AboutAlways looking for a fun challenge!
SkillsJava for life. Also Web.
Joined devRant on 7/8/2016
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So you're working on a product that basically the main thing it does is fire off http requests and parse their responses into a nice model. We've made some nice helper class that allows you to do this easily, but a simple piece of functionality is not in there yet.
You agree to add this one simple function and decide to:
- Not conform to coding standards set by the team
- Document its behavior which does NOT match the implementation
- Not write a single fucking unit test to prove it's functionality
I have been really busy lately so I would like to try and get rid of some running projects.
This means I am putting http://jsrant.com up for adoption. If you are interested in maintaining that project, contact me on GitHub: https://github.com/ChappIO/jsRant3
My biggest regret is the same as my best decision ever made.
The company I work for specializes in performing integrations and migrations that are supposed to be near impossible.
This means a documented api is a rare sight. We are generally happy if there even IS an (internal) api. Frequently we resort to front-end scraping, custom server side extensions and reverse-engineered clients.
When you’re in the correct mindset it’s an extreme rush to fix issues that cannot be fixed and help clients who have lost most hope. However, if your personal life is rough at the moment or you are not in a perfect mental state for a while it can be a really tough job.
Been here for 3+ years and counting. Love and hate have rarely been so close to each other.
My previous job I got by winning an Xbox Kinect hackathon. Not because the game I made was really good or anything. But because I was the only one who actually built something. (Apart from a guy who’s application would cheer louder as you raised your arms.) So that evening I left the hackathon with an Xbox one and a job.
My job was to build advert games, games whose primary goal is to advertise a company or event. This is the job where I learned I DO NOT like game development. So after about half a year I quit.
Because I still needed money I did some freelance work as a game developer (I developed 3 advert games for 3 startups).
I was still looking around for dev jobs but because I was a student I had no luck, they were all looking for full timers.
At some point I called this one (Dutch) company and spoke to a very odd French person on the phone. He invited me to come over for an interview. I had very little information about the job so I started researching the company. They are a small company specialized in complex content migrations. I wasn’t that into migrations but hell, I’m always up for something new.
Upon arrival I was greeted by the familiar French voice and saw a collection 6 diverse developers sharing a space. We did the usual interview dance and practices and that’s where I figured out this is a java job. They developed tools for the professional services team to perform these complex migrations I mentioned earlier. With me never having touched java before I was quite sure I wouldn’t get the job. But I took the test anyway.
About halfway through the test I was stopped and they started to ask me some conceptual questions, I did okay there but nothing special. That same day the architect took me to their CEO and told him I had:
- very little experience
- no migration experience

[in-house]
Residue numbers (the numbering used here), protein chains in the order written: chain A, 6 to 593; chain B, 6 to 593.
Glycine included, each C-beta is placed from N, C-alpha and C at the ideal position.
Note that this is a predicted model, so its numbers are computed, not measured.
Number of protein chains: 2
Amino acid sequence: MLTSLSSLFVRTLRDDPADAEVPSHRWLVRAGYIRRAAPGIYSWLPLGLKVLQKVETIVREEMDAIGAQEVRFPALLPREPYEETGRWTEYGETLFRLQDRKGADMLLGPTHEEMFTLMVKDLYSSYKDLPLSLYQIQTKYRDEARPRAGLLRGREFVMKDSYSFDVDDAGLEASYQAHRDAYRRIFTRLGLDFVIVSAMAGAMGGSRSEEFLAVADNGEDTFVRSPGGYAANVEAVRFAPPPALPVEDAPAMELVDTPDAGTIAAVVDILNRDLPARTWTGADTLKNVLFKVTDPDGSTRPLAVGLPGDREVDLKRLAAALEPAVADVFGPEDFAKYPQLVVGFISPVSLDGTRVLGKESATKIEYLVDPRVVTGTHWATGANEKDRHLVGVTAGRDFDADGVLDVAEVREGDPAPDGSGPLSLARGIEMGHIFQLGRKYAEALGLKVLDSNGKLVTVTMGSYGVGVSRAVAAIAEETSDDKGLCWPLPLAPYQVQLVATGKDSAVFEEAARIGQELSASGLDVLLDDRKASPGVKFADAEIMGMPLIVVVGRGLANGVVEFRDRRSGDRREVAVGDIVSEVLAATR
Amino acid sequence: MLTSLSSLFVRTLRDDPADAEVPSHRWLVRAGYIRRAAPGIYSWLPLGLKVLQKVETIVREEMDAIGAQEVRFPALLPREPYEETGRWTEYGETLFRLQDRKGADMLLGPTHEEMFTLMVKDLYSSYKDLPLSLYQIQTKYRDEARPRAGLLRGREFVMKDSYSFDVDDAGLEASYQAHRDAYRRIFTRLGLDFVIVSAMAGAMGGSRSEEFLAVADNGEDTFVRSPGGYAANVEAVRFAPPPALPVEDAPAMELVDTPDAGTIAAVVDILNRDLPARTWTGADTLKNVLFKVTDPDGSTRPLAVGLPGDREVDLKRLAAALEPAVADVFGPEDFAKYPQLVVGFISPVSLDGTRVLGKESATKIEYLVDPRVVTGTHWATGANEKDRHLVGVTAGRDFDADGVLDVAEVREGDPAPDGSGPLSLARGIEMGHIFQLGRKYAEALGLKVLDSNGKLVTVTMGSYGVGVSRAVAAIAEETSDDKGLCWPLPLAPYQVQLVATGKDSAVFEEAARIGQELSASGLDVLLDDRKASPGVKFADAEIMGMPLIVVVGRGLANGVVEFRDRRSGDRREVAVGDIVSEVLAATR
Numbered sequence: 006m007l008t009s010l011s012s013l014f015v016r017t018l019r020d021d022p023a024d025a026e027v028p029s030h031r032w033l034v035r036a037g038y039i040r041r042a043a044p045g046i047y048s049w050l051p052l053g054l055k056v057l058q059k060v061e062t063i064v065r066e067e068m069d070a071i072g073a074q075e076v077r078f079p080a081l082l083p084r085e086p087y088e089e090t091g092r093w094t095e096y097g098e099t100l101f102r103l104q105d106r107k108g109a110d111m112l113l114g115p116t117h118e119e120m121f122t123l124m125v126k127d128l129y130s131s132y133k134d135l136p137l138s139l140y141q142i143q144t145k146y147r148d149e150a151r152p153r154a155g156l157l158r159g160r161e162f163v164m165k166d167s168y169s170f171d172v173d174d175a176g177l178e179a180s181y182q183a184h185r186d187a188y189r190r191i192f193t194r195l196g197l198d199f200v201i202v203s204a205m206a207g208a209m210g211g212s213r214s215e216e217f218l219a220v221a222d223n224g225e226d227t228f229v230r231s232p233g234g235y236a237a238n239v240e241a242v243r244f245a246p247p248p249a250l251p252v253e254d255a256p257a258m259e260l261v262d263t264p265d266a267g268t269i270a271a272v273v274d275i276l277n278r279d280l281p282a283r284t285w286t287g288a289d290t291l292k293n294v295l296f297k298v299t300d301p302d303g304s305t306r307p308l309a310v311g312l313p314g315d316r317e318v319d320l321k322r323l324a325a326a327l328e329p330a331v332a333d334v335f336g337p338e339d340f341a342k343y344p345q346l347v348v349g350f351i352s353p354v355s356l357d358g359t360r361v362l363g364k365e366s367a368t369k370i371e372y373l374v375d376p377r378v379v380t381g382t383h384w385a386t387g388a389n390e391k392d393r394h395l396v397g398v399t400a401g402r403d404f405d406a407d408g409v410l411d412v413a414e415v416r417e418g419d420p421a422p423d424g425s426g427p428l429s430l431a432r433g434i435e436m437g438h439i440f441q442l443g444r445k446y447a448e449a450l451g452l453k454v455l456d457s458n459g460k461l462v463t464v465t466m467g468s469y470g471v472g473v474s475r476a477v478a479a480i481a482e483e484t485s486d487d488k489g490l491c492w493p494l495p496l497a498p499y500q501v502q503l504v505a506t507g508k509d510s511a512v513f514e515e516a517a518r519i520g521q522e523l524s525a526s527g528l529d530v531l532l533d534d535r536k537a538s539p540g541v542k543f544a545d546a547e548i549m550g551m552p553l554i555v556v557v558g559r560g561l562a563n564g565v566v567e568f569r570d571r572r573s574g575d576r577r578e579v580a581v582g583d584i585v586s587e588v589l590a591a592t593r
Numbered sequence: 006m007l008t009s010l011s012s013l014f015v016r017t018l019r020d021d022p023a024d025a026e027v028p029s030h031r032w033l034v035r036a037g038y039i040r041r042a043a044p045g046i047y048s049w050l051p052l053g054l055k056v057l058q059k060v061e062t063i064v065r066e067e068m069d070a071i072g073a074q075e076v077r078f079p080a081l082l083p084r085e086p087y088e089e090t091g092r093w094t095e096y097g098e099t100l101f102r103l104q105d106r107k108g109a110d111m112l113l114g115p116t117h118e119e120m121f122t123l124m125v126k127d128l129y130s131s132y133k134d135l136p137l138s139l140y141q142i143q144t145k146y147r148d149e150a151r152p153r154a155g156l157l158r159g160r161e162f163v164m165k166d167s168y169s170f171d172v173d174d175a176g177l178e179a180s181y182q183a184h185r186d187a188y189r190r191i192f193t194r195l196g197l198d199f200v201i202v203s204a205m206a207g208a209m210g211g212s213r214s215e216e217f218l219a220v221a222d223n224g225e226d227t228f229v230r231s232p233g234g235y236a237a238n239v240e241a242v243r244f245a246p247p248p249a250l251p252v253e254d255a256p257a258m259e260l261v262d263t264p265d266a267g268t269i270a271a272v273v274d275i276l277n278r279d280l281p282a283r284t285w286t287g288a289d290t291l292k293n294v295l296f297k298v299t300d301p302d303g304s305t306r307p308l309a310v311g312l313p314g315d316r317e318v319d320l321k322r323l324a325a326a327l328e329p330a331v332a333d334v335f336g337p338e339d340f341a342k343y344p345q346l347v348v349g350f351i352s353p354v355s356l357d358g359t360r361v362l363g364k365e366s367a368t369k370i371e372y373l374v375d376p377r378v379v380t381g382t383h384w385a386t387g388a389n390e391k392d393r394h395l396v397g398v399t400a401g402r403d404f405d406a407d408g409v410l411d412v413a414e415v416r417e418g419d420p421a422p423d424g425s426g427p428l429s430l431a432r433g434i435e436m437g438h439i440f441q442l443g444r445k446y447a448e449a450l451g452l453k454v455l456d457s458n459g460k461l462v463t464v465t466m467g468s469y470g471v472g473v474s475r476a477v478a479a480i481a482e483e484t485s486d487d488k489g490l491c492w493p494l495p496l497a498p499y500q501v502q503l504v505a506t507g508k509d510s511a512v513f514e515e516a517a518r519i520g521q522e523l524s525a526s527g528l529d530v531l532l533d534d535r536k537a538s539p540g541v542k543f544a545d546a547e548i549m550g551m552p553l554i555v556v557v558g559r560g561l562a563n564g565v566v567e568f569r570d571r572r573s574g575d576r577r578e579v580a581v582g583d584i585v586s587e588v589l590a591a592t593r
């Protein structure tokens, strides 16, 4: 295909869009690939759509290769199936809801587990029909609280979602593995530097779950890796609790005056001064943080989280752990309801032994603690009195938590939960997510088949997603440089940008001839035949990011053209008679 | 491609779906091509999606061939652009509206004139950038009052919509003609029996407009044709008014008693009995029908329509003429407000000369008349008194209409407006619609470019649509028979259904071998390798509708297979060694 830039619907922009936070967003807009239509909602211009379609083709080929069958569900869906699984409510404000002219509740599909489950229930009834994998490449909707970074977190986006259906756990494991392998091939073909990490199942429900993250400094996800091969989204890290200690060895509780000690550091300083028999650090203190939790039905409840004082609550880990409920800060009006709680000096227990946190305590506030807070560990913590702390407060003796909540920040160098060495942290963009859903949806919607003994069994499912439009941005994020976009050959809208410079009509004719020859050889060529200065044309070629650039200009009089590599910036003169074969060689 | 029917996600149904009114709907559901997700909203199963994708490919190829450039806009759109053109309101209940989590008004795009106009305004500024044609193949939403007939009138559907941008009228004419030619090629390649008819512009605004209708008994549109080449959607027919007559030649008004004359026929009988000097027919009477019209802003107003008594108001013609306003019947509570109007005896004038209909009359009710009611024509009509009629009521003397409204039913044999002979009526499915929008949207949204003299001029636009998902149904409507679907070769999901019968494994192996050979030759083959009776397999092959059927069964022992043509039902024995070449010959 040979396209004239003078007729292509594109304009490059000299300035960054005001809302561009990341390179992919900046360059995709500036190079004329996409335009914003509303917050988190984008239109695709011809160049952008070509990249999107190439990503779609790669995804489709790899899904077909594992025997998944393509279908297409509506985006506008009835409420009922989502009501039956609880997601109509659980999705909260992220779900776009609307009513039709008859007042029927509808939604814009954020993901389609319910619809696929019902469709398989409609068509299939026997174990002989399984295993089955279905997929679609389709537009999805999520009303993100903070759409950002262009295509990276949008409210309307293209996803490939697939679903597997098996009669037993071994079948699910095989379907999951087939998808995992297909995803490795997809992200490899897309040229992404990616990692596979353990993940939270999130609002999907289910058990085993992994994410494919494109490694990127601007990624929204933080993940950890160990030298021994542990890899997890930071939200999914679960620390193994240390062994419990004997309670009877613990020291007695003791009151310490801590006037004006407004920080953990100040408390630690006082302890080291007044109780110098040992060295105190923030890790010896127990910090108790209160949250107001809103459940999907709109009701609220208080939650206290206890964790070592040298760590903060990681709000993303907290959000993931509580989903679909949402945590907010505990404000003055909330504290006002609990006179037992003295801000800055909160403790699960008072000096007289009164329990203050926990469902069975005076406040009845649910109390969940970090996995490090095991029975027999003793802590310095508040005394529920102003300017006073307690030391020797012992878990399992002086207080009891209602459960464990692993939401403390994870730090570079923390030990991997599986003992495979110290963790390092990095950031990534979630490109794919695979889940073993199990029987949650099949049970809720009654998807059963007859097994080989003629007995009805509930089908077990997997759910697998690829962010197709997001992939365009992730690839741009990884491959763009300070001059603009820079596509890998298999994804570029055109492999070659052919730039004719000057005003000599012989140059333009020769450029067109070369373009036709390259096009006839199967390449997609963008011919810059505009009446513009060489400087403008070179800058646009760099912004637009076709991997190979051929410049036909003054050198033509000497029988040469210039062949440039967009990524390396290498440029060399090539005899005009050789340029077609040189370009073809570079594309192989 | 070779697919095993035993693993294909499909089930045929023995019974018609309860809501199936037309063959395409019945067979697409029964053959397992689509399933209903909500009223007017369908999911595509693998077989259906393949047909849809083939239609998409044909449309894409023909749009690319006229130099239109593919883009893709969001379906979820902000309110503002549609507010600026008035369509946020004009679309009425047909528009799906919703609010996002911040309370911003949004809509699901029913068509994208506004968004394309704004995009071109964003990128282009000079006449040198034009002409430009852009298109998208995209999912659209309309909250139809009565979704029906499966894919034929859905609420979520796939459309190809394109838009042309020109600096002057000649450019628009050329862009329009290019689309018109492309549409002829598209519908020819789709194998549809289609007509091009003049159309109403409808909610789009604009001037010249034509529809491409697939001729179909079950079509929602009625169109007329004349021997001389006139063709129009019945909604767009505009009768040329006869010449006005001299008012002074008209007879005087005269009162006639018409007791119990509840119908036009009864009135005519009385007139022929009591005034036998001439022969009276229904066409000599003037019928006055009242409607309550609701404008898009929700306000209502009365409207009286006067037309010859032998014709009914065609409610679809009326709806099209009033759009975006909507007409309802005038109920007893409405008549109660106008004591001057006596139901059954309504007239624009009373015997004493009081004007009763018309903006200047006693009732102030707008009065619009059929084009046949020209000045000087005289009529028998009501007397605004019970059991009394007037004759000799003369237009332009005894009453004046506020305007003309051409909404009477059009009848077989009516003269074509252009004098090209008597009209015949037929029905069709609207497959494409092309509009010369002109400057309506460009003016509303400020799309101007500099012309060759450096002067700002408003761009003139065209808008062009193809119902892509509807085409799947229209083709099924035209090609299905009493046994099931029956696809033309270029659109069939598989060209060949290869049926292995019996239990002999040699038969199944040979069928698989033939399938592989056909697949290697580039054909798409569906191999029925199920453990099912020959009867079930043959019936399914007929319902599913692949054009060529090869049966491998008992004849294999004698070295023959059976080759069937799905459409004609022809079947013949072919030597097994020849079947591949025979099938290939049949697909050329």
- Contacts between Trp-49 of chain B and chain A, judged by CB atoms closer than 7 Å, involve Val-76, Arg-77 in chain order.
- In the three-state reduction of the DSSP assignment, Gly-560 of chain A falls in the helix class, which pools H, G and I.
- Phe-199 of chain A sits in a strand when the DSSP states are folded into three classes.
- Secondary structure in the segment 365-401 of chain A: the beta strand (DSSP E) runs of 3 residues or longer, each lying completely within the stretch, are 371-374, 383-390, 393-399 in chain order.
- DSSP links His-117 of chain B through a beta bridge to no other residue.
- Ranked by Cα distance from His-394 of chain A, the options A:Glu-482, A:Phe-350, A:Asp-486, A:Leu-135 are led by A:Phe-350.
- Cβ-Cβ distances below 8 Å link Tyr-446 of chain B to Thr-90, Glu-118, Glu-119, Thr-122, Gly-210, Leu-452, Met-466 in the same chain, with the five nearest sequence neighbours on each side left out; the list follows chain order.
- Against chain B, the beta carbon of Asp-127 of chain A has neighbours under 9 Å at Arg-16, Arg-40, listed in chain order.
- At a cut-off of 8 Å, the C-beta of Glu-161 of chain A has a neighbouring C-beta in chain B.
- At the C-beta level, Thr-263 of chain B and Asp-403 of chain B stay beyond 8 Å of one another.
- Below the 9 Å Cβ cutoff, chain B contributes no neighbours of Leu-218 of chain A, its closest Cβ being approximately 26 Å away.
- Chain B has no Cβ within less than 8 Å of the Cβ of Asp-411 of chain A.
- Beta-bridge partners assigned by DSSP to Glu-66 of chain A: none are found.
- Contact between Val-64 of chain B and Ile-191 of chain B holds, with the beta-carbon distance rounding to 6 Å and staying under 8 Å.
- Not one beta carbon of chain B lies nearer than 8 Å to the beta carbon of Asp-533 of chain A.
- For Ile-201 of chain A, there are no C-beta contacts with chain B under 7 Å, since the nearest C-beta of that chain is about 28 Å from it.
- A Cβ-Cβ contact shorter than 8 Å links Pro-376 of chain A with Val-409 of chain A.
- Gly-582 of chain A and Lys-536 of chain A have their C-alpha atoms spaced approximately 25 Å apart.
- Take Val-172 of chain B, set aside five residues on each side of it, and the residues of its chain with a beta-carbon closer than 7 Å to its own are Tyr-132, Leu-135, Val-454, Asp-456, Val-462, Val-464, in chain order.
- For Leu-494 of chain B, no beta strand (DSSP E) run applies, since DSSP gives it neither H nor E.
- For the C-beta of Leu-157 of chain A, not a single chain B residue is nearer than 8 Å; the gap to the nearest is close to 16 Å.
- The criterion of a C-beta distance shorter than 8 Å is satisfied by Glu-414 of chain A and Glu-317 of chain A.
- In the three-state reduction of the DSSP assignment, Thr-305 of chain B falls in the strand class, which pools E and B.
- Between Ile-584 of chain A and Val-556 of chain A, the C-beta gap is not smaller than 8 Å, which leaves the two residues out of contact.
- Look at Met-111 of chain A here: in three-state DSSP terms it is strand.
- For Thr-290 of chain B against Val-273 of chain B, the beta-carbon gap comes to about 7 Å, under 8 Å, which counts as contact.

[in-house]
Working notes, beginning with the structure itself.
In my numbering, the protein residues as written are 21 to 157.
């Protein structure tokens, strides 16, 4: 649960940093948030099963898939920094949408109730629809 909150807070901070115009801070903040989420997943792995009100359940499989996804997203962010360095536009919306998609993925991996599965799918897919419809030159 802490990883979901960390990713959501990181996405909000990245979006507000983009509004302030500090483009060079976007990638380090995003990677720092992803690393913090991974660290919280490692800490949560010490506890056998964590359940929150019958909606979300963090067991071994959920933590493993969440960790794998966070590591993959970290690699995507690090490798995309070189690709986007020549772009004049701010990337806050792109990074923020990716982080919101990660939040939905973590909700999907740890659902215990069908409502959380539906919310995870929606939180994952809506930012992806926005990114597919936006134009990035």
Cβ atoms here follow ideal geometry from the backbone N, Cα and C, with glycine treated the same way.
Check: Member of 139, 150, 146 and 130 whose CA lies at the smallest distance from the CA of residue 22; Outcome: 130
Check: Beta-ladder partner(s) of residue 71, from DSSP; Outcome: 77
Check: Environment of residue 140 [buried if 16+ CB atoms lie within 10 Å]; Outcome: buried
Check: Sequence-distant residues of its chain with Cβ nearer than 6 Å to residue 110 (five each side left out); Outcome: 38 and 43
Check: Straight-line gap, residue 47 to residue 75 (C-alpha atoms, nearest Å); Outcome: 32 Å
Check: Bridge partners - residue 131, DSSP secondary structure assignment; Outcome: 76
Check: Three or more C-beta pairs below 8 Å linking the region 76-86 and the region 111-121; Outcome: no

- was still a student so could only work 20 hours a week
- he saw some potential they could work with
Quite unexpectedly, they still hired my 20 year old ass.
Now the company has grown to a good 20+ developers with a nicely sized professional services team and we are launching our first out-of-the-box product in a couple of weeks.
So that’s how I got my job. If you read to this very end, my hat is off to you!7
Big event today! I will be publicly previewing a project we’ve been working on for almost a year now for the first time.
I wonder what they’ll think.5
I just bought an iPhone 6 for cheap so I can try out this apple stuff people seem to like... A couple of hours in I and I really wonder what made them not have a period on the main page of the keyboard...10
I really don't understand why there's even a debate about tabs vs spaces. Why else would the spacebar be 4 times a wide as the tab key?!10
I modeled layout of my living room in VR. Now I can take a seat on my couch without taking off my headset :D14
Just read a feature request which asked for full-app localization. The dickhead closed the request with the comment: 'since this is a small request it should probably be added to the top of the wishlist, besides you are a dutch company anyway'.
The nerve on some people1
Are there any frontend developers out there that use a full ide like webstorm, intellij or eclipse?
I can't seem to understand why everyone is mucking about in a text editor without breakpoints and such7
You know... fuck frontend development.
I don't mind developing a nice interface and thinking about how users will work with my software. But I HATE (lack of a stronger word) the whole npm/grunt/bower/yarn/everyfuckingframeworkclient chaos.
Can we just pick ONE fucking tool and mature it.
This one time I developed some useful plugins and a command line interface for the platform we built at work.
Then when it was done I thought it had some good value so I created a pull request to donate it to the platform. That same day I got 3 complaints that my pull request did not conform to conventions and that there was no ticket for it and they complained about the fact that it made their jobs harder.
It was in fact the last time I developed something for work in my spare time.1
Even though my ikea rack has served me well, I am happy with my newest server room update.